When someone in Israel receives a medical diagnosis that is going to change his or her life forever, Dr. Jasmine Kilim wants to be there.
This desire to help people with serious medical illnesses was inspired by Kilim’s friend Liora. Calling her “a unique and amazing woman,” Kilim recalled that “when she found out that her cancer was incurable, she decided to avoid life-prolonging attempts and to focus on the quality of the end of her life. She got her affairs and home in order, even wrote letters to her future grandchildren. She also held a ‘living shiva,’ inviting friends to visit her on Shabbat afternoons to talk.”
At one of these “living shiva” visits, Liora told Kilim how overwhelming it was to serve as her own case manager in the midst of her own illness and suffering. There were so many things to manage: specialists, paramedical services, medication for pain management, physical therapy, occupational therapy, nutrition and more. Liora believed there should be a designated person to help those with serious illnesses cope with all their medical, emotional and practical realities.
Inspired by Liora’s experience, Kilim, a UK-trained family medicine physician, is building a companion career as Israel’s first Patient Advocate, supporting people, like Liora, who are going through serious, identity-changing illnesses such as cancer, loss of vision or paralysis.
Kilim helps people “get the most out of their interactions with the medical system.” This includes “keeping their information well-organized, helping them research and understand their options, preparing them for specialist consultations so that they get the answers they need to questions that matter to them, and, perhaps most importantly, giving them the space and time to be heard.”
Patients who have “barriers to care,” such as cultural or language differences or physical disabilities, are particularly interesting to Kilim. In addition to managing all the medical details and the psychological difficulty of accepting that their lives have changed, often permanently, patients with barriers to care are unable to communicate easily with their care team. For example, an English-speaking immigrant who is not yet fluent in Hebrew nor acculturated to the Israeli medical system has linguistic and cultural barriers to overcome.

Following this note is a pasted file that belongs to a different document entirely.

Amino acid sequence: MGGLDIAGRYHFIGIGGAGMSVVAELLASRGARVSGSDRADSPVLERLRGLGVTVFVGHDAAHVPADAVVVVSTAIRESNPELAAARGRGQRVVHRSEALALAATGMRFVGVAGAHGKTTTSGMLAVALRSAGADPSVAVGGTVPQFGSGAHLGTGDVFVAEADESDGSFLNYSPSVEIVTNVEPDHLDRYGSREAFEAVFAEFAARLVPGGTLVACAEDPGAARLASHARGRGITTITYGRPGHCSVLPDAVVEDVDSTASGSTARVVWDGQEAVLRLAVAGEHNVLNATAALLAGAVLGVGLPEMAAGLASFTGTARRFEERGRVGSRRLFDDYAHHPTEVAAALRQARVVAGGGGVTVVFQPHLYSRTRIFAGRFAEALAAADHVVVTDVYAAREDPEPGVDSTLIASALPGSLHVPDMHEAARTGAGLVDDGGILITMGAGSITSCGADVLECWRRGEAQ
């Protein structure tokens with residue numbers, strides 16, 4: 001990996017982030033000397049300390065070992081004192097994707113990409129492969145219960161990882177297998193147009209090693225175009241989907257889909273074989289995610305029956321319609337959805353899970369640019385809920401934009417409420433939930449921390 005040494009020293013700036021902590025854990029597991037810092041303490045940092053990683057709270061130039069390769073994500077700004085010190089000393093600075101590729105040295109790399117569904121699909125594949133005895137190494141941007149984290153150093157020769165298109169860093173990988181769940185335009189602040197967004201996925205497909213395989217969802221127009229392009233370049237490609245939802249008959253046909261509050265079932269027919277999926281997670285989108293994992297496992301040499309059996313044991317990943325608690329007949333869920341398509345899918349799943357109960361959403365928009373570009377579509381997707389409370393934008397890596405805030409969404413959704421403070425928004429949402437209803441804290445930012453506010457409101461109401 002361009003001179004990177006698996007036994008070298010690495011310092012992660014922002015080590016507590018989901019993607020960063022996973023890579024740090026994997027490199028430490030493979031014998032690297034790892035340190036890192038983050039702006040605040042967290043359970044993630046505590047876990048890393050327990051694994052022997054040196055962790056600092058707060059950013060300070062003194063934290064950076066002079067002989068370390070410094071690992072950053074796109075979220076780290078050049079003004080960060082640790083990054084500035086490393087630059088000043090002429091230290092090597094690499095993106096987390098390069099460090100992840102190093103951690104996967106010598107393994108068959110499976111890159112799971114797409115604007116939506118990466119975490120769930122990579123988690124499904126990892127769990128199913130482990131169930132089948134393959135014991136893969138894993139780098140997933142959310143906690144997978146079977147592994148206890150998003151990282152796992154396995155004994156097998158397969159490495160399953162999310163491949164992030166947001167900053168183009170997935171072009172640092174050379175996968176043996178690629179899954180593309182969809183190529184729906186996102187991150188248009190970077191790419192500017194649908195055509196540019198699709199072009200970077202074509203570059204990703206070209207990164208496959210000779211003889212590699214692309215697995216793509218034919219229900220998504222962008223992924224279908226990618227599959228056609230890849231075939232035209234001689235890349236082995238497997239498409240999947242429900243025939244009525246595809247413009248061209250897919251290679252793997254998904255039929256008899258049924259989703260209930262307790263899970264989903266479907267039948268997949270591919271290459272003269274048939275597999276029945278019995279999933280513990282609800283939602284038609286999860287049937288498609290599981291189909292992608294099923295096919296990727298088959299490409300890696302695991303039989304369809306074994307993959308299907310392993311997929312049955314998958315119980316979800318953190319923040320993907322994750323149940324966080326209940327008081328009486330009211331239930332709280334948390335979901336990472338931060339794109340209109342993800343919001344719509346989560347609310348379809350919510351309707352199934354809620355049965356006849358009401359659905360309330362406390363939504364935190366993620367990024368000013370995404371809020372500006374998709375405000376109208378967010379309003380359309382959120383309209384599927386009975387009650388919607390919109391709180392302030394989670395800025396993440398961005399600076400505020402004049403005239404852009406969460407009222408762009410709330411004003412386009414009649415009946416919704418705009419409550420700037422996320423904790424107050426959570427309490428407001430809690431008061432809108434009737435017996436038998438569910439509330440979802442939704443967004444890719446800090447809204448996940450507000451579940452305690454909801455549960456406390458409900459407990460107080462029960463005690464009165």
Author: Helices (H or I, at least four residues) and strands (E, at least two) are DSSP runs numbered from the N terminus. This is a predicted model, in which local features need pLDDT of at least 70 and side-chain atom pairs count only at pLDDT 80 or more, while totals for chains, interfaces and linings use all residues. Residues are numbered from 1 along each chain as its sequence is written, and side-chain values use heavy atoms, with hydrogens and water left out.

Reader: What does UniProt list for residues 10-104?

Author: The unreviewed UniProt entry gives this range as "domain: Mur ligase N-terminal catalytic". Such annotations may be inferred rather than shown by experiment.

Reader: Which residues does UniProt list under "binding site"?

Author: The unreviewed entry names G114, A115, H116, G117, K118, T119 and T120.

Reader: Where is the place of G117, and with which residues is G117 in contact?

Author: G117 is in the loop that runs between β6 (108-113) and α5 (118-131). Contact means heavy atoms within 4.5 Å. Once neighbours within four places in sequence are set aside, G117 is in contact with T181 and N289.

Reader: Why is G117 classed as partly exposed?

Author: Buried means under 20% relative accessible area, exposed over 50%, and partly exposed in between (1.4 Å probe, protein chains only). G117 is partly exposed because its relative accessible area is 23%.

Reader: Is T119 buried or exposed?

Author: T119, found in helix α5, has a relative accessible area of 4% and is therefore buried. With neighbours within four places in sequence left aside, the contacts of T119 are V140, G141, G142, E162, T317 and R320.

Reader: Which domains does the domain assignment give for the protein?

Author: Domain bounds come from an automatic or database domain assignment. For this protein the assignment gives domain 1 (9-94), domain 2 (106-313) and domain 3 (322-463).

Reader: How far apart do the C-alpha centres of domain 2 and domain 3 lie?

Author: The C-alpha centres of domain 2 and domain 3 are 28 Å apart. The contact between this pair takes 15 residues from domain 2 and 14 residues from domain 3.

Kilim is ideally suited for such sensitive work. She’s been a physician for 10 years, including four years practicing in Israel, so she has the necessary medical knowledge. She is also acutely aware that “every patient in healthcare is in a vulnerable position – scared and uncertain.”
She sees the Patient Advocate role as similar to a doula, “acting in a support capacity when the patient is in pain and there are medical professionals involved. Sometimes the reassurance that there is someone on your side is enough to ease you through,” Kilim explained.
Illustrating a case where her services as a Patient Advocate would have been helpful, Kilim described a middle-aged woman who, in the course of a normal day, tripped over a curb. A year later, she’s effectively disabled. She can’t work. She can’t pick up her grandchildren. She’s already had two surgeries and concomitant infections. Connecting with a Patient Advocate right after her injury might have made this woman’s interactions with Israel’s medical system much less traumatic.
In these sorts of medical transitions, “you go from a place where you’re in control of your life to where you lose control,” Kilim commented. She believes that, “the smoother the journey, the easier it is to rebuild your identity moving forward. That’s really the end goal.” A patient advocate can’t stop people from having strokes, for example, but can help them rebuild the healthiest life they can have post-stroke.